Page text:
Moving south along the coast, the next destination on my itinerary was the tiny country of Montenegro. One of the first destinations you’ll arrive at, and my next stop, is the Bay of Kotor. More of a fjord than a bay, it is an inland waterway sandwiched between several mountain ranges (not surprising, as Montenegro is almost entirely mountainous) with a series of small towns dotting the perimeter — with the town of Kotor itself being the primary spot most visit. And as you move south out of Croatia and into Montenegro, there’s no need to worry about saying goodbye to the beautiful scenary, as it only seems to grow in amplitude as you move into Montenegro.
While milling the hours away sipping on espressos in the old city is a great way to spend the day, I was feeling a bit more active and energetic during my stay. And as such, I sought out a few of the nearby hiking trails (which aren’t hard to find, as Montenegro is another outdoorsman’s paradise). The most popular hiking spot begins at the back of the old city, just inside the walls. Here, leftover fortifications snake up the mountainside, allowing you to glimpse the remains of several churches, towers, bastions, and other strategic positions on the way up to the peak, where you can wander around the ruins of the Illyrian fort Castel St. John. And whereas the remains of the fortifications aren’t the most impressive thing to see in the world, the view from atop the mountain along is worth the hike.
I, myself, didn’t attempt to summit the entire mountain, but still being the over-achiever that I am, I made the somewhat insane decision to descend the mountain and immediately attempt to hike up the mountain on the other side of the Bay. I thoroughly enjoyed my time that day, however, simply standing up the next day was wrought with peril as my sore legs felt like they were on fire.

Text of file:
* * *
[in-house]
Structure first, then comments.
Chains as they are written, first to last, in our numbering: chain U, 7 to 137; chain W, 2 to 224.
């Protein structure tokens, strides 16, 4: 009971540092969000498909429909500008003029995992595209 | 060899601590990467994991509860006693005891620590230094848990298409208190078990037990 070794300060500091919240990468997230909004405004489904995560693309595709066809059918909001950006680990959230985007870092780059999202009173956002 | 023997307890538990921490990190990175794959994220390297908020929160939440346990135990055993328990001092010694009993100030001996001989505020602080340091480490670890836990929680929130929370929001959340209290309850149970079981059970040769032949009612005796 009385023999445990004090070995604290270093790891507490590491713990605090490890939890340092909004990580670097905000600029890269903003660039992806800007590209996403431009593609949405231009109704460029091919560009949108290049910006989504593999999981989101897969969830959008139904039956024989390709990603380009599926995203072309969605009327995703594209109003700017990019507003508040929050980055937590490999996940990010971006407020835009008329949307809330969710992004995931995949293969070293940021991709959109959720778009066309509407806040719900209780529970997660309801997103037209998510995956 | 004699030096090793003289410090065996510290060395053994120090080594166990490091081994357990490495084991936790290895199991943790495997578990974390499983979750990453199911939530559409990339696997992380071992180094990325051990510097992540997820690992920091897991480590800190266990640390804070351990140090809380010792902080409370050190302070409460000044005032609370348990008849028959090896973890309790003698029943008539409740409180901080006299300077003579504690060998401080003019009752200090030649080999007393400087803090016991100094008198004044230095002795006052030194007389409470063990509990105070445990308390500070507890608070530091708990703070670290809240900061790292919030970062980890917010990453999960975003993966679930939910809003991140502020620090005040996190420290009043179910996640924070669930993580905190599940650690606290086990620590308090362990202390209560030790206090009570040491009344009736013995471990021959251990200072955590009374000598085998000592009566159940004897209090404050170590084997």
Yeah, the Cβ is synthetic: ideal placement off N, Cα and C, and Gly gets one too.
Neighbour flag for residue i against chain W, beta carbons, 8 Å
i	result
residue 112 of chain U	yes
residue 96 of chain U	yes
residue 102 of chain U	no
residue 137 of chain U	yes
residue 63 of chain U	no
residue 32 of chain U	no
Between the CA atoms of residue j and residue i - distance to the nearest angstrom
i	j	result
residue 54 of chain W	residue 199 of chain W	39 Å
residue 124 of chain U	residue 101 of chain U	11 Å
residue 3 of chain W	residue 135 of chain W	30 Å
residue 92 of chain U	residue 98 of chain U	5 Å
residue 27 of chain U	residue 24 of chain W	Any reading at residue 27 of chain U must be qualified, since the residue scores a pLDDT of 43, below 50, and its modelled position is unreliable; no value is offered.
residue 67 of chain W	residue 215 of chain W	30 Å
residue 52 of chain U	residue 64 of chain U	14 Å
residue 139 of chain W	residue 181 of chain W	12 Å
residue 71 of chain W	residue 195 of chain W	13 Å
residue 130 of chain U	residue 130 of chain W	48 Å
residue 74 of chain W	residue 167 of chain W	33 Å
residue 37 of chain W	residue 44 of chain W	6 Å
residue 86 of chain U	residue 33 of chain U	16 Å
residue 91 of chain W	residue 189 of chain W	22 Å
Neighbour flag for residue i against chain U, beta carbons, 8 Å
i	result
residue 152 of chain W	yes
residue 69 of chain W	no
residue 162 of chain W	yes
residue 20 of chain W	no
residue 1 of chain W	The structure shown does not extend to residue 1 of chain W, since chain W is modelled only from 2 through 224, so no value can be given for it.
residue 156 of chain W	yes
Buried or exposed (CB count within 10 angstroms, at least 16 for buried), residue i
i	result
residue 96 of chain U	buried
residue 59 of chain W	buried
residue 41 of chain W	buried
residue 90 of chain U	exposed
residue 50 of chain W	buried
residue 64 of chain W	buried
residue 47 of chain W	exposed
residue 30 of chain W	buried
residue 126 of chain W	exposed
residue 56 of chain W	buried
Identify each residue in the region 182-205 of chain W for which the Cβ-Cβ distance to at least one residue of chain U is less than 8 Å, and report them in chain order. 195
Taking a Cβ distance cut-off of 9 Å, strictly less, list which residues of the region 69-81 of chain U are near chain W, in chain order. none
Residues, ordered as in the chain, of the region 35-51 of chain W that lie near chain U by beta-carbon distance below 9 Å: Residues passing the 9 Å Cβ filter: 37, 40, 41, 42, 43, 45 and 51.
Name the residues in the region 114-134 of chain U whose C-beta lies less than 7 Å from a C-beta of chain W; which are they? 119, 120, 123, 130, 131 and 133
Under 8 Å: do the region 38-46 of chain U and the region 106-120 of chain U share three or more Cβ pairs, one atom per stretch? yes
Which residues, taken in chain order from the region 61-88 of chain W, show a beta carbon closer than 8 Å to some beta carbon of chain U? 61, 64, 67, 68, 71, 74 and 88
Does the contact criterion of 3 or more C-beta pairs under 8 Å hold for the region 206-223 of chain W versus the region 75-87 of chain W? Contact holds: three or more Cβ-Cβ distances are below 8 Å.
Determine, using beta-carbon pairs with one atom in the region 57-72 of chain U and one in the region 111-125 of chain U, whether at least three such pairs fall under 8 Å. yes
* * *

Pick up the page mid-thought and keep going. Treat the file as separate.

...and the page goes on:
And after a long day of hiking, I was ready to tuck into the delicious Montenegran cuisine that I’d been hearing good things about. Though it is quite similar to what you’ll find anywhere in the surrounding countries (Croatia, Bosnia, etc.), the food in Montenegro was particularly notewothy for being much less expensive and served in heaping portions, taboot.
As mentioned in the title of my post, my stay in Montenegro was unfortunately only a short one. After spending two days in Kotor, it was off to the capital city fo Podgorica for one night before catching a plane out the next day. Whereas the city of Podgorica isn’t known to be a tourist hot spot (usually, it is only used as a transportation hub), it still isn’t without its own charms and photogenic scenes. Here are a few quick images of the city:
After a short flight out of Montenegro, I’ll continue my journey in the enourmous city formerly known as Byzantium, formerly known as Constantinople, and currently the heart of Turkey: Istanbul. I’m quite looking forward to this leg, as I’ve received more recommendations from fellow travelers to visit Turkey and Istanbul than other other single destination (and actually, almost as many recommendations for Turkey than all other destinations combined). Until then, cheers from Montenegro!